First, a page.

Still, he said he understands Quebec’s decision. He said a general guideline of public health ethics is to use the least restrictive measures necessary. But as the pandemic lingers and the Delta variant remains difficult to contain, he expects passports to become more common, as long as officials see them as a valid way to protect people.
“Policy makers will, depending on how this goes, think it’s no longer tenable anymore to just see how this plays out,” he said. “I think right now we’re throwing everything at the wall and seeing what sticks.”
Dr. Smith said other provinces should pay attention to the impact of Quebec’s passport on society.
“Now it’s incumbent on us to learn about what works and what doesn’t work, and if it’s being effective at getting more people vaccinated, it’s an ethical responsibility that we have to learn from that.”
In Quebec, businesses and organizations are waiting to find out the specific perks of the passport, and how it might affect them. Mr. Legault stressed that elementary schools, high schools, CEGEPs and universities are expected to hold in-person classes this fall, even though children under 12 are not yet approved by Health Canada to be vaccinated.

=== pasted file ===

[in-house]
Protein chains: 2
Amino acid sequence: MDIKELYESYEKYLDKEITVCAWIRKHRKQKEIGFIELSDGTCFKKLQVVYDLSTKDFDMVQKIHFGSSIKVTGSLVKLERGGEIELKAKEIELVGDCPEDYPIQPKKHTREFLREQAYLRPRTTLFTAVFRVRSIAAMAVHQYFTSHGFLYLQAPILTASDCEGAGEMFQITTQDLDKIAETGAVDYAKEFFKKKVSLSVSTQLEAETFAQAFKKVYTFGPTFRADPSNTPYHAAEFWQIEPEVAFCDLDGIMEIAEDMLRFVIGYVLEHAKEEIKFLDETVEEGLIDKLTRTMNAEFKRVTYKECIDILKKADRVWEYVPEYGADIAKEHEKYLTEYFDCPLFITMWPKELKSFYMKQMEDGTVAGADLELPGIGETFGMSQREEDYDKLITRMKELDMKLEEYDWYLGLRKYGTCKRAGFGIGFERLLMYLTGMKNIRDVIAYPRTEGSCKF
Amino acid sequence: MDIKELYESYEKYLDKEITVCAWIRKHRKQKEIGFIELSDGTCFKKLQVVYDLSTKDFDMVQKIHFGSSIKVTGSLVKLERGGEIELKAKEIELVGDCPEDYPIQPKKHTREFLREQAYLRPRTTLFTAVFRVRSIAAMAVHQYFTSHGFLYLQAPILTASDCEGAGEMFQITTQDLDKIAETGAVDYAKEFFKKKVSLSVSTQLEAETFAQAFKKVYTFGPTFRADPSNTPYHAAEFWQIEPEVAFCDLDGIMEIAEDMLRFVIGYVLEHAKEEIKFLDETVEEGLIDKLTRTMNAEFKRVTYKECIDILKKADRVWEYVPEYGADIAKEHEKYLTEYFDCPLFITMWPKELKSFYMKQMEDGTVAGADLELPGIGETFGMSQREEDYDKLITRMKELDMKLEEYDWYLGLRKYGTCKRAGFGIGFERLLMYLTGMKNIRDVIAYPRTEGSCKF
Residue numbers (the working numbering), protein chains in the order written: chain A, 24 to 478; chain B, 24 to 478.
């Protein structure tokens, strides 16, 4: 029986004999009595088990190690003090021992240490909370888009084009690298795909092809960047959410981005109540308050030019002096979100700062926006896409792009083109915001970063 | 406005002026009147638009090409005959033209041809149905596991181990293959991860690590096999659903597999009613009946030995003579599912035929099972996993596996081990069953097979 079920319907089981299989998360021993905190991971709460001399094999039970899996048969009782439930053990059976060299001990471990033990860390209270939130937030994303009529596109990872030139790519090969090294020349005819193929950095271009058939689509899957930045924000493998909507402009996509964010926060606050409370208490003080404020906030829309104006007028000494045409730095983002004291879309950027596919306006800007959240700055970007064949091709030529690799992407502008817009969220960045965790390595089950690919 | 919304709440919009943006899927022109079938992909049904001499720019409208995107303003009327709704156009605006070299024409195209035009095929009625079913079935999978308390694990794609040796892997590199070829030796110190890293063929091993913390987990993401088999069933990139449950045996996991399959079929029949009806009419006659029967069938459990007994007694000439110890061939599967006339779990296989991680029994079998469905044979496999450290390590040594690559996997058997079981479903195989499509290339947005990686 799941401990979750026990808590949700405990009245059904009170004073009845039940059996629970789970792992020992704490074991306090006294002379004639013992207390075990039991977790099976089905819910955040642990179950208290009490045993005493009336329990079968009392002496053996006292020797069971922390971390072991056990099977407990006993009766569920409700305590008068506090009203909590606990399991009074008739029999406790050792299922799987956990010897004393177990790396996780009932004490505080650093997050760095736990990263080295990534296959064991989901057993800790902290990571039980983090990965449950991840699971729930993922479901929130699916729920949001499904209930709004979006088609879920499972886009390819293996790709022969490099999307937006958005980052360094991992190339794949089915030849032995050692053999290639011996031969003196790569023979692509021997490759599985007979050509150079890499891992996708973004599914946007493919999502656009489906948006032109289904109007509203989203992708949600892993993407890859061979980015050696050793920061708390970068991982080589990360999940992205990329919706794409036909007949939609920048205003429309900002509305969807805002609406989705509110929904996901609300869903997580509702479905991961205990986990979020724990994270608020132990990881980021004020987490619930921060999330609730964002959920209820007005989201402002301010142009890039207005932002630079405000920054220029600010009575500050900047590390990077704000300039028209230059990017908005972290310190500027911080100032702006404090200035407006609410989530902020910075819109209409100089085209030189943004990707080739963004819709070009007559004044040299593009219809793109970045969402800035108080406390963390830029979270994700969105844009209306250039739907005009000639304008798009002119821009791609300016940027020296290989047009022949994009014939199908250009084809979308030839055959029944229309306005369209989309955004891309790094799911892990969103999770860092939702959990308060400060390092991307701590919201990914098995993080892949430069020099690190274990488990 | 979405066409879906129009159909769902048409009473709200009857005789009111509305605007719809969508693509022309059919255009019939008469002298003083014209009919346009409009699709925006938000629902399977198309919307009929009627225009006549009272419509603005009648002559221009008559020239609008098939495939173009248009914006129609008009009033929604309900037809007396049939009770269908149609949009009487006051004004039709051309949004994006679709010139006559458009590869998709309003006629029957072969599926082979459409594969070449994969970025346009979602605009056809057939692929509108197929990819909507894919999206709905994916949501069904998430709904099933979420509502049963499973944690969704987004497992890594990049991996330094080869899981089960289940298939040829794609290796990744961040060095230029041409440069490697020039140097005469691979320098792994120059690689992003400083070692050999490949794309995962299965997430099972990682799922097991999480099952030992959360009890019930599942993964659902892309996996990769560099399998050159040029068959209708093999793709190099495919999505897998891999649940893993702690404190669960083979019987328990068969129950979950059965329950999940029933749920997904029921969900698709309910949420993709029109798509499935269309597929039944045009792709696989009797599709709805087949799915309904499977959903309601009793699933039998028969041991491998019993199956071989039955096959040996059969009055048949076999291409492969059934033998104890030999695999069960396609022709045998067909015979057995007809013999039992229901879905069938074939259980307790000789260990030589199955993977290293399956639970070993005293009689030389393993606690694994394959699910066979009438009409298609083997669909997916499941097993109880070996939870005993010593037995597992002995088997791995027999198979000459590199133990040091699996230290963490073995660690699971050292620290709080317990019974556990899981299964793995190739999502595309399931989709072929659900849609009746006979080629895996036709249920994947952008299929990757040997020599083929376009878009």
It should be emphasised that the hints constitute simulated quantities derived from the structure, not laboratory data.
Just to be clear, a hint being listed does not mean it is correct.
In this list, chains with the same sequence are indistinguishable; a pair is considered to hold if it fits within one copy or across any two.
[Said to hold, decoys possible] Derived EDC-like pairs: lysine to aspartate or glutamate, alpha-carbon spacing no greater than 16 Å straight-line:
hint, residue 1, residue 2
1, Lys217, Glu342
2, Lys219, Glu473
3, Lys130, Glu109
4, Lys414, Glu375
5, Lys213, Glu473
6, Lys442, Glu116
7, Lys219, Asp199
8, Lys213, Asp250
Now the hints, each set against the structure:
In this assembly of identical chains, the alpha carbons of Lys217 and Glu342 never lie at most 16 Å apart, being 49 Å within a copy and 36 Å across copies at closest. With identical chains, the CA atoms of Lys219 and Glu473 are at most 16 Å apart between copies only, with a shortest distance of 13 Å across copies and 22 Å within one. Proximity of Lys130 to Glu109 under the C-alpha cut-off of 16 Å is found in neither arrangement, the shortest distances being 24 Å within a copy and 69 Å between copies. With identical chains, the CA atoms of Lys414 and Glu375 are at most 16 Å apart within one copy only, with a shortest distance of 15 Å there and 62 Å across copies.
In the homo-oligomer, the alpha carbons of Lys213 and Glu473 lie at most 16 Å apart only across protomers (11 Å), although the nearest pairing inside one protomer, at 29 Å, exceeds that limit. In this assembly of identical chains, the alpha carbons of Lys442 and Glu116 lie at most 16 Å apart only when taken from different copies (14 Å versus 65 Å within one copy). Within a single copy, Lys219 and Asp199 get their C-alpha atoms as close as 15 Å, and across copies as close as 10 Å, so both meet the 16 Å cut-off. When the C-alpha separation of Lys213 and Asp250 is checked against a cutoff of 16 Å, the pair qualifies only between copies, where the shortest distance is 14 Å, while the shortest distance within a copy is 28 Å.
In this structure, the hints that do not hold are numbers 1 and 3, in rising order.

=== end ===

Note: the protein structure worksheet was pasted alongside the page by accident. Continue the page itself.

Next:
No Quebec university has so far required students be vaccinated to attend classes. McGill University media relations officer Shirley Cardenas said on Thursday that discussions are under way with government authorities to adapt the fall plans if needed.
Mr. Legault revealed little about the impact on sectors other than schools.
Olivier Bourbeau, Restaurants Canada’s vice-president for federal and Quebec affairs, called the news positive because restaurants restricted to vaccinated people will probably manage to dodge outbreaks and lockdowns. He stressed that more closings would exacerbate already large debts incurred by the industry in the past year.
“The good thing about vaccine passports,” he said, “is that our restaurants and non-essential businesses will not close.”
With reports from Ian Bailey in Ottawa, Jeff Gray and Eric Atkins in Toronto, and James Keller in Calgary